We have received correspondence from a number of sources, including the National Horsewatch Alliance and members of the public saying that pictures of horses and the location of where they are freely available on your website and they are concerned it could lead to thefts.
Please would you give me a ring on xxxx xxx xxxx.
After consulting the rest of the team, I sent the following response:
We don’t feel that the availability of potentially dated photographs
is a contributory factor in horse thefts, and have not been presented
with any evidence to support this hypothesis. This decade is seeing a
revolution in the availablity of high quality geolocated data, and it is
always possible to concoct ways that tools like Geograph, Google Maps or
Windows Live Local can be used for evil, ignoring far more likely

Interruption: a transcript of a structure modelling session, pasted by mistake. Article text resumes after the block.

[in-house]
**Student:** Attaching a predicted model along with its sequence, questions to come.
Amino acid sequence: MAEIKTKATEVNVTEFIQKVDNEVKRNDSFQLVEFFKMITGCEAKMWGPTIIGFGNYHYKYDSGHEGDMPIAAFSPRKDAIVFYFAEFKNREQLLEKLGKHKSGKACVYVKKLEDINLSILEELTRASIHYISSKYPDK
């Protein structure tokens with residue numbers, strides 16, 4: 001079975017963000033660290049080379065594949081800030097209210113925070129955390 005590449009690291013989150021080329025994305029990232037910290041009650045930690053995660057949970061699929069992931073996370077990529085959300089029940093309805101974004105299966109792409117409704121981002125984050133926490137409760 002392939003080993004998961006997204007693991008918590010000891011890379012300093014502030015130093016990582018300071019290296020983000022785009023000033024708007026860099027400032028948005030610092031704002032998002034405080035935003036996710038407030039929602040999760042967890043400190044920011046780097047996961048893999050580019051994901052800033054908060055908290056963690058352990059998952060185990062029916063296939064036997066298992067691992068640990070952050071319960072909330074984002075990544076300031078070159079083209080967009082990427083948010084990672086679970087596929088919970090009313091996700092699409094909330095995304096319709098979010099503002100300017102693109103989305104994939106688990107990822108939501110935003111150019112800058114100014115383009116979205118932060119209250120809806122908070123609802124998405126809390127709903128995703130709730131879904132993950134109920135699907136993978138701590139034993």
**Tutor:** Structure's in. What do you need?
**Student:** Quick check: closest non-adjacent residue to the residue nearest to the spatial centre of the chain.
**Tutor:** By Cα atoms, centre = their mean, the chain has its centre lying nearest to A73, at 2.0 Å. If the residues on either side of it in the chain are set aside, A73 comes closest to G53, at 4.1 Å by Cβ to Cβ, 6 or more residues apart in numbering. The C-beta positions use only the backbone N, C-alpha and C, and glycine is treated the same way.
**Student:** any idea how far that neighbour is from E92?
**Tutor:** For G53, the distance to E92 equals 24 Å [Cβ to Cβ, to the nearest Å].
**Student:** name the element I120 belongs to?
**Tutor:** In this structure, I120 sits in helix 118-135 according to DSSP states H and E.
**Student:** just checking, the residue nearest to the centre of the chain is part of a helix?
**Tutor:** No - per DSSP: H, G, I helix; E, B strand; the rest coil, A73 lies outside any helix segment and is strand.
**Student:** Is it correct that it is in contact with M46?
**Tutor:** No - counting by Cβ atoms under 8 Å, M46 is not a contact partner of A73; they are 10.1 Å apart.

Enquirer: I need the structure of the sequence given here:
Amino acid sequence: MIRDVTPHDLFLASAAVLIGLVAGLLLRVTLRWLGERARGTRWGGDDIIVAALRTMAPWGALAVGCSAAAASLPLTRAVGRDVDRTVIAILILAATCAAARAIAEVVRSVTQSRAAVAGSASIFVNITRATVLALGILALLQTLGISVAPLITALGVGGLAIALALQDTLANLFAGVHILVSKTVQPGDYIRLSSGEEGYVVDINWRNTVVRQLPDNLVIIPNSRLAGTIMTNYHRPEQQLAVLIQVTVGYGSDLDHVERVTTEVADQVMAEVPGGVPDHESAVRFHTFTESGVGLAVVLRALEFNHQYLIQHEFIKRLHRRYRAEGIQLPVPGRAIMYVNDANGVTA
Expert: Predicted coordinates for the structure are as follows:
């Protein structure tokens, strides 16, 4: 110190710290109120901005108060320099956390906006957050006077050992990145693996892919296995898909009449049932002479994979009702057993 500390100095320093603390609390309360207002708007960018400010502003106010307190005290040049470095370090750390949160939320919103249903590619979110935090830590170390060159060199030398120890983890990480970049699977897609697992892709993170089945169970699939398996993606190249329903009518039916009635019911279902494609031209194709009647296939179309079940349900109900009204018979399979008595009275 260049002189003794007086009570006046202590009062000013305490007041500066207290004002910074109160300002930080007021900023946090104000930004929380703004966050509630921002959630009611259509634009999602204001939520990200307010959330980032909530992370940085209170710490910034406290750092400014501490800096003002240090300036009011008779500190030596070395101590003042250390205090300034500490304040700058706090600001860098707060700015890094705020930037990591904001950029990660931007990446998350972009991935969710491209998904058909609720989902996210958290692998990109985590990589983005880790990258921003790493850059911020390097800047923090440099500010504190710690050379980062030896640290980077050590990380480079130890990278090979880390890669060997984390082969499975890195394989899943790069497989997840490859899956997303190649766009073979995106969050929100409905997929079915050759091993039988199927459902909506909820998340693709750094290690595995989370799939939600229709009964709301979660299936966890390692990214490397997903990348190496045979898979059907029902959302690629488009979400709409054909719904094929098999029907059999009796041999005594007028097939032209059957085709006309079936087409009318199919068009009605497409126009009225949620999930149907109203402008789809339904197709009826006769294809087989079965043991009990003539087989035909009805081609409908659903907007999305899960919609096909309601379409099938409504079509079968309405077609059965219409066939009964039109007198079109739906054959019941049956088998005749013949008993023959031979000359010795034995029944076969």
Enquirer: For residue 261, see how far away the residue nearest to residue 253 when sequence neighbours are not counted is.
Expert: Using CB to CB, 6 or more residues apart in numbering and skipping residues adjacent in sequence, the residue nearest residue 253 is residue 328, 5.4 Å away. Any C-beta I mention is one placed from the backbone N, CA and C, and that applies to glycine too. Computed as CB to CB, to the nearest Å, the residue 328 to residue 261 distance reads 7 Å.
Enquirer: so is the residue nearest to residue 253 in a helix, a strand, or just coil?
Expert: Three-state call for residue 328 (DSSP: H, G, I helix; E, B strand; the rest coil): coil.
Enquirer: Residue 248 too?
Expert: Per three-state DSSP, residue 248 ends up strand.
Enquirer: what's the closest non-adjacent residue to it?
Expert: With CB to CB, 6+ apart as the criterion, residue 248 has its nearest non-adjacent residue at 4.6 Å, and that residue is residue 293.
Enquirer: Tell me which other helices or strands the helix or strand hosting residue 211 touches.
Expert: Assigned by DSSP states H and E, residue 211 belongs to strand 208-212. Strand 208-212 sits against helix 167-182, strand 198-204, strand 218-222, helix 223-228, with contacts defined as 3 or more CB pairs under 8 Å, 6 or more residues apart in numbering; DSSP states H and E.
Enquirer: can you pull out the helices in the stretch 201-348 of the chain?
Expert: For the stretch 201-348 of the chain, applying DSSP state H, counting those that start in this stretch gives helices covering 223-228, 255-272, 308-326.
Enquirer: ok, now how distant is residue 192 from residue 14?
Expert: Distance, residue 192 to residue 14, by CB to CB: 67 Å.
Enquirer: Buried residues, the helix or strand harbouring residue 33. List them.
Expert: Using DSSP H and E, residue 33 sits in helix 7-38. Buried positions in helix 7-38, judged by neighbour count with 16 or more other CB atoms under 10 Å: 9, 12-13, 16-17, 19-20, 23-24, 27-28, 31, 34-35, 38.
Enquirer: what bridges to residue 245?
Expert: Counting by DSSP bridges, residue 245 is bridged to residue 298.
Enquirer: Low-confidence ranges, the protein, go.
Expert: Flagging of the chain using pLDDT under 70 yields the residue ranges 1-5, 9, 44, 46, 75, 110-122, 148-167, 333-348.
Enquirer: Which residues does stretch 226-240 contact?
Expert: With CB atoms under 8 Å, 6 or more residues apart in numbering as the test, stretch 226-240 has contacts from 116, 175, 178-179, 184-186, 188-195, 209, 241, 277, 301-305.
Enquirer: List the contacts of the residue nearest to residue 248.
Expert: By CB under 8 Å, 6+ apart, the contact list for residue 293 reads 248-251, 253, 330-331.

That said, we have received only *one* specific complaint in recent
days, regarding a shot with a horse in the far background. We will
continue to review any specific complaints brought to us though -
photographs involving trespass or other privacy intrusion are dealt
with swiftly, and we’re always ready to consider other complaints.
I spent all Thursday evening dealing with the correspondence this generated, and in the early hours began preparing this essay in which I wish to address the concerns raised.
About horses and their owners
As a preamble, not everyone reading this may have direct experience of horses and their owners. If you read some of the more incendiary posts on the Horse and Hound forums, you may fall into the trap of building a stereotypical picture in your mind and tarring all with the same brush. However, the ones I have corresponded with form a very wide cross section.
The only thing they have in common is a passion for horses.
Man and horse have enjoyed a close relationship throughout recorded history, and you could argue that civilization as we know it would be very different without them. As with any intelligent animal, people form close bonds with their horses, enjoy their quirks of personality and find that caring and working them provides them with a deep meaning for life.